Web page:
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Re: Addendum to Trex vision as support for scavenging...
Quoting don ohmes <firstname.lastname@example.org>:
If my figures are correct--
Taking a Trex stride as 1.76m, assuming a stride frequency of 2
seconds (I believe 2 sec is conservative), and using Stevens' far
point of 6 km, Trex could walk to his limiting far point in ~1.9
hrs. This means that, assuming visual cues in the form of volant
scavengers were available, Trex could monitor, from a stationary
position, ~113 sq km (11340 hectares) with a two hour arrival time...
Of course, this assumes that T.rex is striding about in a completely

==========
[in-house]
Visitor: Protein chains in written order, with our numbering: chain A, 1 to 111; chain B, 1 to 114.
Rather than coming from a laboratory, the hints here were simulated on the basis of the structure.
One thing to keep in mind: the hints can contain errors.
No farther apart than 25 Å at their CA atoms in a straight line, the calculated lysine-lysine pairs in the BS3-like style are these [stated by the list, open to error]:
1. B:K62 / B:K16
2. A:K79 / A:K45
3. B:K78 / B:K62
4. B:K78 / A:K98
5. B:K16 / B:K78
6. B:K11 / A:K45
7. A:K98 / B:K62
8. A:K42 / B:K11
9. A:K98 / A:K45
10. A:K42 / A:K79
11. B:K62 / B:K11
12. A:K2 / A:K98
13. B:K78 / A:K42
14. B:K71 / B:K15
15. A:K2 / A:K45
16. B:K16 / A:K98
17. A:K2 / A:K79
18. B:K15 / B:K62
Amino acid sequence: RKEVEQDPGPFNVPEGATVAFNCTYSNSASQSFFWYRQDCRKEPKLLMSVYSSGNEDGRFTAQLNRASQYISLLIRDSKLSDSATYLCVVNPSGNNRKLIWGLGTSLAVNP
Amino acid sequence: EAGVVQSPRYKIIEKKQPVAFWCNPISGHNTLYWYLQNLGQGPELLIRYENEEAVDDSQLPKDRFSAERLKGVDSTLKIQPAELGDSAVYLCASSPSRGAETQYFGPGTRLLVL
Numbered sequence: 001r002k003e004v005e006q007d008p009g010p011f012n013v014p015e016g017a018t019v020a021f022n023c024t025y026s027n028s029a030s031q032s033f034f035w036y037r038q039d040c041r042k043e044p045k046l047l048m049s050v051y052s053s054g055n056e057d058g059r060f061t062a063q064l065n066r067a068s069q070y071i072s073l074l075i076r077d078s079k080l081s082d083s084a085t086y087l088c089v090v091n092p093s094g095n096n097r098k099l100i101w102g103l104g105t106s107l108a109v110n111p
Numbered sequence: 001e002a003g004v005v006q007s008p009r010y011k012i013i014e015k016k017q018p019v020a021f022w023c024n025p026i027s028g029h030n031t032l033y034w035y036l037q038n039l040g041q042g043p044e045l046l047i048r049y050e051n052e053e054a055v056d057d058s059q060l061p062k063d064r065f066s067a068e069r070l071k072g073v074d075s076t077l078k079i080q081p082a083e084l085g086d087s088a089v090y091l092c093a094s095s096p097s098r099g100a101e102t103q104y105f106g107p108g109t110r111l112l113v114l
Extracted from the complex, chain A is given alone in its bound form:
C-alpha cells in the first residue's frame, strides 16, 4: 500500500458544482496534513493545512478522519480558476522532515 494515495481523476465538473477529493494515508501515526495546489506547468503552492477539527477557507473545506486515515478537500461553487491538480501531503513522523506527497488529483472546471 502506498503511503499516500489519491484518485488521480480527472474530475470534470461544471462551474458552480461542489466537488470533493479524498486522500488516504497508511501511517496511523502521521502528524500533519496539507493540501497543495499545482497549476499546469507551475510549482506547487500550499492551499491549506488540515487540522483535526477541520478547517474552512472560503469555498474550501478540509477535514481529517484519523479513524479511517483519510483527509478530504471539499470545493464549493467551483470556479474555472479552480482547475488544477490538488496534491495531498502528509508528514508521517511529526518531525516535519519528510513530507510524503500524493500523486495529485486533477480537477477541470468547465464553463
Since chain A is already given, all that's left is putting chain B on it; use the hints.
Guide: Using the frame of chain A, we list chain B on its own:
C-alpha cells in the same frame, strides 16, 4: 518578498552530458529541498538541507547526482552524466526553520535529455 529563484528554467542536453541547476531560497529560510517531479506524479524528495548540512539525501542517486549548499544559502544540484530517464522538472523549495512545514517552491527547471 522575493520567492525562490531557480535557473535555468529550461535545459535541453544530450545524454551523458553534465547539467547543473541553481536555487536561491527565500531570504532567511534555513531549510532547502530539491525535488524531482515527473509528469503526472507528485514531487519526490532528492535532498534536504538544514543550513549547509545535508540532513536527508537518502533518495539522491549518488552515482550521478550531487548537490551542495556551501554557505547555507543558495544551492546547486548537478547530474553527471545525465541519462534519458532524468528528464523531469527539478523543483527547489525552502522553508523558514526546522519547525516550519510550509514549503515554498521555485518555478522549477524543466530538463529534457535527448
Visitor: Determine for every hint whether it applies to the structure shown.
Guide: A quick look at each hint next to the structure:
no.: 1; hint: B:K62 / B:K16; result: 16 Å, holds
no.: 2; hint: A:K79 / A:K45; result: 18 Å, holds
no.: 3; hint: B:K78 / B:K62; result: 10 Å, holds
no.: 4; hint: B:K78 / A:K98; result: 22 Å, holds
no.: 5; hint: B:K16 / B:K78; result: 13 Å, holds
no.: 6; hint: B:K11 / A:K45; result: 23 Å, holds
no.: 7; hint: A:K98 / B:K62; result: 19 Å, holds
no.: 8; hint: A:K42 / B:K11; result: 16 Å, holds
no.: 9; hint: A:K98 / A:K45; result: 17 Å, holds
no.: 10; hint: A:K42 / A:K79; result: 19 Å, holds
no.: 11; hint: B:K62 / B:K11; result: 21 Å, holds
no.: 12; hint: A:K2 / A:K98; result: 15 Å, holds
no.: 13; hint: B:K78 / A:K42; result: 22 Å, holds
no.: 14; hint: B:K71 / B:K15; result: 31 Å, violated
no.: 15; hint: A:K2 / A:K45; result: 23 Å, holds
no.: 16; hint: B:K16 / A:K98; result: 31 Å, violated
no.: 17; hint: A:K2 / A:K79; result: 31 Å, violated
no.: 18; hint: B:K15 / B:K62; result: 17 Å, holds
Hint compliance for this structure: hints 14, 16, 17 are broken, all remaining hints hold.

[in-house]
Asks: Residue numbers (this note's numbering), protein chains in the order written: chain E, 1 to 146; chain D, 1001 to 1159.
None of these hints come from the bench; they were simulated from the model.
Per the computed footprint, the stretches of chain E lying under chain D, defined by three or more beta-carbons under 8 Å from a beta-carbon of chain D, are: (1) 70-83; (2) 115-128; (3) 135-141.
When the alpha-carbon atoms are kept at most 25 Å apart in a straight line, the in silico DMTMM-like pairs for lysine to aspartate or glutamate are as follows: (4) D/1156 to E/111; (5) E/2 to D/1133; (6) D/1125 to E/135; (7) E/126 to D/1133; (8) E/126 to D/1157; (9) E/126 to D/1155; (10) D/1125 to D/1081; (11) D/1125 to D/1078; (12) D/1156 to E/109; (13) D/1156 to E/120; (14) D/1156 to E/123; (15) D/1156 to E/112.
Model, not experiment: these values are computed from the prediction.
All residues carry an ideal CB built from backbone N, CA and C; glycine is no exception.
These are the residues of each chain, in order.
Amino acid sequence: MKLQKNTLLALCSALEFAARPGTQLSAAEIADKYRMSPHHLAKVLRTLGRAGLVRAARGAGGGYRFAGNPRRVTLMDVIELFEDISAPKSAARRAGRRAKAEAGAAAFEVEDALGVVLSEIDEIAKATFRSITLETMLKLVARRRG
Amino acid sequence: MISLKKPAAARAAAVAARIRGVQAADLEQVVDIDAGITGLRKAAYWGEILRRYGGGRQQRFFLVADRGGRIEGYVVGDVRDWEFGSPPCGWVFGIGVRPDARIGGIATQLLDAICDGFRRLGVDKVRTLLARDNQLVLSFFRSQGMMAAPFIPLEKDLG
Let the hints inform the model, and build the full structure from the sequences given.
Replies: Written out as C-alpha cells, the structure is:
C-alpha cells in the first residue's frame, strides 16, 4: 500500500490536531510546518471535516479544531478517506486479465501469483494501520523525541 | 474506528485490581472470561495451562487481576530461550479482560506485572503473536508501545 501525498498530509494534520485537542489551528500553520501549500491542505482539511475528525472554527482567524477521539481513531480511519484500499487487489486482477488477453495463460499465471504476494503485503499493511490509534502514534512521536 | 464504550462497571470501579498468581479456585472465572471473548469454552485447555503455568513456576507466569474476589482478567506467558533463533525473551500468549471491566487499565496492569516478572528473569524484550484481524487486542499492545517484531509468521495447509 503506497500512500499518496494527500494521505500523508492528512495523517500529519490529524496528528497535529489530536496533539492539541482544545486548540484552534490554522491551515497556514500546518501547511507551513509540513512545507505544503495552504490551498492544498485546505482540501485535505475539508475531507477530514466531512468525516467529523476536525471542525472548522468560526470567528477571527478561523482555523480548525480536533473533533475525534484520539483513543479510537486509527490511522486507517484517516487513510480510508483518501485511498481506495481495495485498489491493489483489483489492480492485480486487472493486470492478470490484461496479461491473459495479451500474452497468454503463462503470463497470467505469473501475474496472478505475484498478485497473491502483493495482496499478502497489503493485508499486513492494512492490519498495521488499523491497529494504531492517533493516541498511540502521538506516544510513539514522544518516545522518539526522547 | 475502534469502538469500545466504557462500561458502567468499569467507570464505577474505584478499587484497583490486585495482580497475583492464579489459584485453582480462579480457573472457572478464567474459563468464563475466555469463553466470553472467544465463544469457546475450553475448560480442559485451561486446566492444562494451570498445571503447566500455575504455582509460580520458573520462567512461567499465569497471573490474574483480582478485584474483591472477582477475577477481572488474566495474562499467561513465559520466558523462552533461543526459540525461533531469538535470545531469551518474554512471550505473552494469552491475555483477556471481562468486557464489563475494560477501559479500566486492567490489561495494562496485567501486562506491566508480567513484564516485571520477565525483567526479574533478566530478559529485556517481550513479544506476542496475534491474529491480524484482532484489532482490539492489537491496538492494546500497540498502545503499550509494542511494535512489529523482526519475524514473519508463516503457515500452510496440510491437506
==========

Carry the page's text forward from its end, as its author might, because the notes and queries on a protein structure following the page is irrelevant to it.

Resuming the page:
flat, treeless desert. :)
It would seem to me that especially acute eyesight would only be of
any use to a purely scavenging animal if it could fly. If like most of
us you're stuck crawling about on terra firma (with all it's hills,
trees, etc), then eyesight is probably not the best way to spot
carcasses - at least not directly. Watching for carrion birds (or
pterosaurs) congregating might be an exception.
If T.rex was an obligate scavenger (and that's a pretty bit 'if'),
then no doubt it's enormous nasal cavity played a larger part in
tracking down carcasses. The nose knows...
GIS / Archaeologist http://heretichides.soffiles.com
Melbourne, Australia http://www.geocities.com/dannsdinosaurs